At this juncture, I should take a photo of him, Photoshop an Alton Towers ride into the background so that five years hence, I can claim we took him to loads of great places when he was little, but instead, mission completed, I walk away to go and find a back brace. B throws himself on his tummy and flails about in utter disgust that I have stopped poddling with him, and no doubt bereft at the realisation that he has a heartless harridan as a mother. I’ll say something for my youngest son. He can throw a good tantrum when the need arises.

B did try and walk the other day. I was sitting on the lounge floor, B standing next to me. I could see him eyeing up the sofa, about two foot in front of him. He stared at it for a while, then launched his arms forward with every intention of taking his first step. What he failed to do was inform his legs of the plan, which remained resolutely rooted to the spot. I watched as, like a tiny tree that had been felled with one brutal swing of the axe, he tipped straight forward toward the floor. I did manage, between snorts of amusement, to break his fall, so he ended up gently in a face-to-the-floor position, Again. So whilst he was there, he took the opportunity for a bit of a scream and a cry. It obviously seemed a bit churlish not to, really.

There are absolutely no redeeming features of a poddle. It makes your back ache, walking round your house with your eye level a constant four foot from the ground can only lead to dissatisfaction when you start to your house from a different angle, it is the dullest activity known to man, a dullness that is inversely proportionate to the glee of the mobile toddler, and moreover, ending a poddle will result in being on the receiving end of the wrath of a one year old. But I have a plan. When I really am ninety, and my back is bent in two and my vertebrae fused together like a calcified boomerang due to years of poddling, I will stick my arthritic hands in the air and demand to be poddled by B. That’ll bloody show him.


The shittiest end of the shittiest stick

Remember the May bank holiday we’ve just had? You know, the one that was watched over by that strange glowing, yellow orb that bathed us in warm air…now, what the hell is it called… wait, I’ll get there… oh yes, that’s it. The sun. What did you do? Barbeque? An impromptu day at the seaside? A trip to the park with ice cream and cold drinks? Well whoopie for you. I wrestled a bunk bed for four hours.

We had promised E that if he was a good boy – and I mean, a really good boy – we would get the extension kit out and turn his humdrum bed into a thing of magic and intrigue: a bunk bed. This talismanic promise had transformed a lippy, incalcitrant four year old into a paragon of manners and niceness. Confirming what I had always suspected: get a big enough bribe and you can get your kids to do absolutely bloody anything. There is a point, granted, at which this strategy falls apart – or at least, becomes eye-wateringly expensive, as E demonstrated some time ago. I told him that if he did this (I have no recollection what this was, but no doubt it was an utterly outrageous request such as tidying up his toys or not dislocating his brother’s arm) then he would get a treat. “A big treat?” he enquired. “Yes,” I replied, thinking of a £5 game I had languishing at the back of the cupboard. “What, like a house?” he asked. I was not sure if I was more disturbed that the treat scale has suddenly escalated into the start of a property portfolio, or that he was already thinking of moving out.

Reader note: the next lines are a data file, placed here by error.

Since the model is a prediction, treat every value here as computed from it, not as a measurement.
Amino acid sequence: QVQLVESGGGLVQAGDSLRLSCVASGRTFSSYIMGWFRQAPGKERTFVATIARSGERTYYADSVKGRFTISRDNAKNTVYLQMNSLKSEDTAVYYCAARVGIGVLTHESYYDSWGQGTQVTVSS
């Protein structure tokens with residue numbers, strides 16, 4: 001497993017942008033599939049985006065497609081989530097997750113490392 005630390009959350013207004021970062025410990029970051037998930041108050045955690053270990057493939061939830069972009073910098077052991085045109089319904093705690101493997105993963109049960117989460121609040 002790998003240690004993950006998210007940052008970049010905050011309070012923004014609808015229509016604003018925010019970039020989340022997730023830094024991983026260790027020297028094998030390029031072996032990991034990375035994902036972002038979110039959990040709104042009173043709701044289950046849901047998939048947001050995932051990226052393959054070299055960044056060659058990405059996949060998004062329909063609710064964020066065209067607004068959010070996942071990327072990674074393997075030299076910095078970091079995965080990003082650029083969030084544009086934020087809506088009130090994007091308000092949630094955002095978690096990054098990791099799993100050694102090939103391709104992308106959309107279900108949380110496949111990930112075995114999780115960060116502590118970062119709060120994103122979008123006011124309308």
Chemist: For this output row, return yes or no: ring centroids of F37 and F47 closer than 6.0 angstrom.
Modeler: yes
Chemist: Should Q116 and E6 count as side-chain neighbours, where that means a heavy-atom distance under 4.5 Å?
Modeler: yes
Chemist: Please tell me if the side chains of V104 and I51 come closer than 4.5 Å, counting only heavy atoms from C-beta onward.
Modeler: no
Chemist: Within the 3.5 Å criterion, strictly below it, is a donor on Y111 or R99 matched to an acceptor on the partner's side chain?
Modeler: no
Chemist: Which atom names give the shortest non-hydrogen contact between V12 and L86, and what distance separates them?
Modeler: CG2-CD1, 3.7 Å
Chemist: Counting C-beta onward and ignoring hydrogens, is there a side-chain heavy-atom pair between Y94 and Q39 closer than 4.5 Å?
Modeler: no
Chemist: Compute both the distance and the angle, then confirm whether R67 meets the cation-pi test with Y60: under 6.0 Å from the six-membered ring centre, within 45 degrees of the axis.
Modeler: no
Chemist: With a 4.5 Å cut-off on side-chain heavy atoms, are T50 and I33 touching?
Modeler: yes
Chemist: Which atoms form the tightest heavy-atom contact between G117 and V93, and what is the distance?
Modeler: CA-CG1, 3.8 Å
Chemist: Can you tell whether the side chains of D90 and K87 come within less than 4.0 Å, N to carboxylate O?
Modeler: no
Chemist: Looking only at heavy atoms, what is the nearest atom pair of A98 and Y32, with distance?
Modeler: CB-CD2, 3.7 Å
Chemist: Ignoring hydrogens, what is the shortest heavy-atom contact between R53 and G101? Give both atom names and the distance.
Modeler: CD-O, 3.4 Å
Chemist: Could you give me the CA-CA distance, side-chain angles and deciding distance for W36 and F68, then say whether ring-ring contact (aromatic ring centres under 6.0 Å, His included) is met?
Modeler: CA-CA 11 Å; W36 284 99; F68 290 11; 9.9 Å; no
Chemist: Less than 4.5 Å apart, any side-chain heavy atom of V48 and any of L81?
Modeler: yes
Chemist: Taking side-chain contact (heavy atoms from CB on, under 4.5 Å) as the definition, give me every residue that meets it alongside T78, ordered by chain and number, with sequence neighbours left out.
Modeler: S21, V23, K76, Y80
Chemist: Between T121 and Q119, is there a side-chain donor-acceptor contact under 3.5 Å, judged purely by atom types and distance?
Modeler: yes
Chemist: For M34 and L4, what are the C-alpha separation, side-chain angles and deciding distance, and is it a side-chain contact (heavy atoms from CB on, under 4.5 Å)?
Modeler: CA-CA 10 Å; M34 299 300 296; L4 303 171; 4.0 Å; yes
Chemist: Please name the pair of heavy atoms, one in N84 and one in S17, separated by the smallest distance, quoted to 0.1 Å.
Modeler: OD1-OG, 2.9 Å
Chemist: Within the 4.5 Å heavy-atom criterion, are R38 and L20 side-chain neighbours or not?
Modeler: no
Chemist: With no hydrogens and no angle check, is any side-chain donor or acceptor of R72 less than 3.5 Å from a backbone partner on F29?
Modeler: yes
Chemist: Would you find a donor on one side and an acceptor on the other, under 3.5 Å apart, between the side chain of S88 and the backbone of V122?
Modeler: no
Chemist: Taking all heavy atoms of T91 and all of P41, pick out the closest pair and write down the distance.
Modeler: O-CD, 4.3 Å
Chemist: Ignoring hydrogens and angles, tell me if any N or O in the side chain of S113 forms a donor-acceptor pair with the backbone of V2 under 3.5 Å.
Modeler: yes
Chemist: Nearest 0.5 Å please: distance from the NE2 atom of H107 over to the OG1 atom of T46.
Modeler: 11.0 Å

There is another down-side to this strategy: at some point, we had to fulfil our promise. Which is why, on the sunniest bank holiday known to man, there I was, allen key in hand, surrounded by heavy white planks of wood  in a variety of shapes and sizes. I eyed them suspiciously as I wrestled with an inordinately long and unwieldy cardboard box like some crazed Cardboard Dundee in a ridiculously small and square room, as I spotted that there were six planks that all looked the same. But I’d been caught out with crazy assumptions like that before. There would be crucial differences. Differences so small that it would take a forensic scientist to spot them, but differences all the same. One hole in a slightly different position. A chamfered end. One set of holes that are countersunk (oh yes, get me with the DIY lingo). All minute differences that go unnoticed until you are on the penultimate stage, at which point you realise that you are going to have to dismantle the whole bloody thing and start again. But not before you stab yourself repeatedly in the eye with your screwdriver, though. And the evil flat pack overlord would never agree to label the pieces. Oh no. He is far too malicious for that. This is the being that has been known to remove one crucial screw from the fixing pack, just for kicks. Lets sort out the rank amateurs from the vaguely competent right here and now, don’t label a thing and leave it all to sodding guesswork.